It has been a difficult week.
I recently wrote about my gorgeous Grandparents here and how grateful I am to have them in my life.
On Monday night I lost my beloved Grandmother.
I had popped in to visit them one evening last week. Their computer was playing up and Grandma couldn't access her e-mails. Computer troubles were an emergency in her world as e-mails were her lifeline to all her family members around the world.
I stayed for a chat and since it was time for "sevensies" I joined them for a glass of wine. Regardless of the time of day, it's always wine-o-clock at my Grandparent's house. They have eleven-sies, one-sies, five-sies and seven-sies etc. They were still on cloud 9 from our Fathers Day picnic the weekend before. They had had the best day. I mentioned I wanted to learn to crochet. Grandma said she had all the crochet needles so grab some wool and we'd get onto it. She gave me some of her old casserole dishes to take home. I was grateful to receive them but it still gave me a little pang in the chest at the thought they were giving away their items in preparation for the inevitable. They both walked me out onto the patio to say goodbye. That would be the last time I would ever see them together in their family home.
Two days later, I received a phone call that Grandma had suffered a stroke and was in hospital. I visited her that night with my 2 lovely cousins. The stroke was severe and had left her paralysed on her left side. It was devastating to see her like that. She kept her eyes closed but she was OK. She was chatty and sounded like her normal self. She is a stoic woman and a wee bit feisty. She is also cheeky, even in her final days. The nurses had asked her to squeeze her right hand tight to see if she had movement. She clenched her right hand, no problems. However, when they asked her to squeeze her left hand she took her right hand across and squeezed her left hand with her right and said "there, I squeezed my left!" See. Cheeky.
But she let her guard down as she talked about our Grandpa. She said how much she enjoys looking after him. That they always hold hands. That they hold hands and kiss each other every night. That they might have a little cuddle. Like they did when they were younger. That as soon as they wake up in the morning they hold hands again and have another little cuddle. By the time she said "I must admit I really do love him" the tears were streaming down our faces and onto her bed. We stroked her head and held her hand. It was very special. She told us to go home to our husbands and children.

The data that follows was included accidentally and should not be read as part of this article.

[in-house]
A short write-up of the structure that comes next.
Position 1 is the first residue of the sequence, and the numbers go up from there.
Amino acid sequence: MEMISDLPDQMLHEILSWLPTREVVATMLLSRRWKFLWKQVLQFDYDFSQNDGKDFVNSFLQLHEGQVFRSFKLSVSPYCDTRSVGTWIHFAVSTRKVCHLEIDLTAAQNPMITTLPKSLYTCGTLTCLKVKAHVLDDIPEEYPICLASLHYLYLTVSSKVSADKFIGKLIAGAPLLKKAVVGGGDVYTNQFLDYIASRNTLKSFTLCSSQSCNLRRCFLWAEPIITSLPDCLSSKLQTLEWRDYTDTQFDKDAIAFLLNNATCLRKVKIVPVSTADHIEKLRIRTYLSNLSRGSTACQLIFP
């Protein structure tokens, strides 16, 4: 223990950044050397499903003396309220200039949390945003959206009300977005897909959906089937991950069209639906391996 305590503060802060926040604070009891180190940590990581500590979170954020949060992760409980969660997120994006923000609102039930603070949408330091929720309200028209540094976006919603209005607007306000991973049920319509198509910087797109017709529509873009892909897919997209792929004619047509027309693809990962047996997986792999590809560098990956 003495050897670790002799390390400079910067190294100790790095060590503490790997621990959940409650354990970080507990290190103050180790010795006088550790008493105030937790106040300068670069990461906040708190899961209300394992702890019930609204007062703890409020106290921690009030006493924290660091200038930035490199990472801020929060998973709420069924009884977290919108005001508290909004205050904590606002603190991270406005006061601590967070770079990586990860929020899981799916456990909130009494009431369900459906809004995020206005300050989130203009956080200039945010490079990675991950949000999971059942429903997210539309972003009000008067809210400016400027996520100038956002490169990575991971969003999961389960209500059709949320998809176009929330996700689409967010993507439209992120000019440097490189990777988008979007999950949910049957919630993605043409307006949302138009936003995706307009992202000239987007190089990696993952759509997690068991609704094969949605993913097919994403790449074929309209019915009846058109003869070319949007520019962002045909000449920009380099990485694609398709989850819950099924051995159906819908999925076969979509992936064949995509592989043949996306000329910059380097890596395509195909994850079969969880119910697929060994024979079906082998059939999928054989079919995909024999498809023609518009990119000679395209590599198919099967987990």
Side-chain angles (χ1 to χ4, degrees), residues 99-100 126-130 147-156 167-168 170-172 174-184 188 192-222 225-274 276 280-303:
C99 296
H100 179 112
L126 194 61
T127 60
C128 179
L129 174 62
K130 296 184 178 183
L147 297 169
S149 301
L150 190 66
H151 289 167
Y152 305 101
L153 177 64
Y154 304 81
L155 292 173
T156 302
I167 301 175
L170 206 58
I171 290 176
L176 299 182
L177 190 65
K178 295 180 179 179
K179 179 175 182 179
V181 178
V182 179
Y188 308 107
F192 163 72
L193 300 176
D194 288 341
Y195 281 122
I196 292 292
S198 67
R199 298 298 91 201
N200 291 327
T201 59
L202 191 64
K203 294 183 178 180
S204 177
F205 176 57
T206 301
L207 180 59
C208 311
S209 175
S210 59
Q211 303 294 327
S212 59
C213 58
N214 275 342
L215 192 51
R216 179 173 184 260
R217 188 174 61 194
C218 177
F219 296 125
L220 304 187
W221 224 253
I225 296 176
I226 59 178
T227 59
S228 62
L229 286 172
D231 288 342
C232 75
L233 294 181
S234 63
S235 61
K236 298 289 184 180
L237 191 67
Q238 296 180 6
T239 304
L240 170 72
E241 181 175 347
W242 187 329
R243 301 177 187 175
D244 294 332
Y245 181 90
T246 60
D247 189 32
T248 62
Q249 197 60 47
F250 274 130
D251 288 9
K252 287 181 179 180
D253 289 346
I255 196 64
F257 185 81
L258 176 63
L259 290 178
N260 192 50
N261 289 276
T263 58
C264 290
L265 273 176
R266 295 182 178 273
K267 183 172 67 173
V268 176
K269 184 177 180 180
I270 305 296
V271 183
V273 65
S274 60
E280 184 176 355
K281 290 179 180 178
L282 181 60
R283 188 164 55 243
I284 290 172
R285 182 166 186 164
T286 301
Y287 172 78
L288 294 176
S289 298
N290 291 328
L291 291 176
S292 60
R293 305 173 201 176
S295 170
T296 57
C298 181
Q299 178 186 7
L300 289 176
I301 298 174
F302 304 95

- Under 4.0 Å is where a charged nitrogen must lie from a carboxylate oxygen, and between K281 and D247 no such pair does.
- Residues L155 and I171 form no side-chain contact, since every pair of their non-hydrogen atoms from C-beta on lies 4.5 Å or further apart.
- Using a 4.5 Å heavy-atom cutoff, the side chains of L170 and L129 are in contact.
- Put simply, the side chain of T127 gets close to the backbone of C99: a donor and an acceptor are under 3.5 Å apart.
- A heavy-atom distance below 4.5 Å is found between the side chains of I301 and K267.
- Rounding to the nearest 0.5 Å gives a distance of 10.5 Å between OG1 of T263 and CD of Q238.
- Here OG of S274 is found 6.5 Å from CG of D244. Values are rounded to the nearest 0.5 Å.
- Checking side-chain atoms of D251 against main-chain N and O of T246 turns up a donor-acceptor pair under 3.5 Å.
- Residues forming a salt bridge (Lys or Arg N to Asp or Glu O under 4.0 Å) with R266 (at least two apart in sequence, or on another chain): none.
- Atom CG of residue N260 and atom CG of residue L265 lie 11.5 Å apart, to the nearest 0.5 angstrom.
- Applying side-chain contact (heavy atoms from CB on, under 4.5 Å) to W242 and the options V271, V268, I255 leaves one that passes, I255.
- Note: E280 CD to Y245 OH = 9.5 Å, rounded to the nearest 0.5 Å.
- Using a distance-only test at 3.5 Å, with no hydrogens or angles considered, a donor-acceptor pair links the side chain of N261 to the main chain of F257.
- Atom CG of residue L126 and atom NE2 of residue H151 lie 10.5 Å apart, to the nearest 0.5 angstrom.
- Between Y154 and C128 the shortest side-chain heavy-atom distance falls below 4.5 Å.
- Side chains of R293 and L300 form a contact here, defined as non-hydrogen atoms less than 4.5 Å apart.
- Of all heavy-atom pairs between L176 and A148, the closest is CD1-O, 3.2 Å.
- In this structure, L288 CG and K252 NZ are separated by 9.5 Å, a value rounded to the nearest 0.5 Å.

I visited her again the next day with my daughter. We had another lovely chat. She was not too concerned with her condition. Fine one day and now this, she exclaimed. She said the nurses had been wonderful. Maybe she won't be able to walk again or go home but she still had her 'smarts' and would be OK somewhere with help.
On Sunday I visited her again. However, this time she was not responsive. I asked the nurse if this was normal. When will she wake up? But like a bolt of lightning I realised she would not be leaving the hospital. I started grieving from this moment on.
On Monday I thought I'd call the hospital first as I didn't want to see her like I had the day before. Too heartbreaking. But maybe she had come around, the nurses had said anything is possible. The outcome of Strokes are hard to predict. But the nurse said she was still unresponsive. No change. I went to visit one last time anyway. I said my Goodbyes.
I got the call that night that she had gone. It was sooner than expected but I was relieved that she did not have to suffer in that condition any longer. It really was the kindest end for her and for my Grandfather.
Although the sadness catches me unawares throughout the day, it is bearable and I welcome it as a way to remember her and be grateful. It is simply a sadness at the loss of a beautiful 90 year old Grandmother who has lived a wonderful life surrounded by loving family and friends. For that I am truly grateful. The loss one must feel upon losing a parent, sibling or child unexpectedly or to illness or before their time would be an entirely different loss altogether. There is a big difference. This is bittersweet.
I feel blessed to have had her in my life. I'll be a little lost without her there in the wings. But it's OK. She has made me who I am today and the memories we share will stay with me forever. I am grateful that I was able to say goodbye and that I was able to spend so much time with her since moving to Sydney. I told her often how special she was to me and that I loved her so much. No regrets here. No unfinished business. I know I am very fortunate.
But as I mourn the loss, all my thoughts are with my Grandpa who has lost the love of his life. The thought of his pain is almost unbearable. They were to celebrate their 70th Wedding Anniversary in 12 weeks time. A cruel blow. Not that their 69 years and 9 months together is in any way diminished. They were childhood sweethearts and theirs is a love story unlike any other kind. Perhaps more on that another time. On Grandpa being asked how he feels: "Like A Ship Without A Sail", he says.
My sentiments exactly.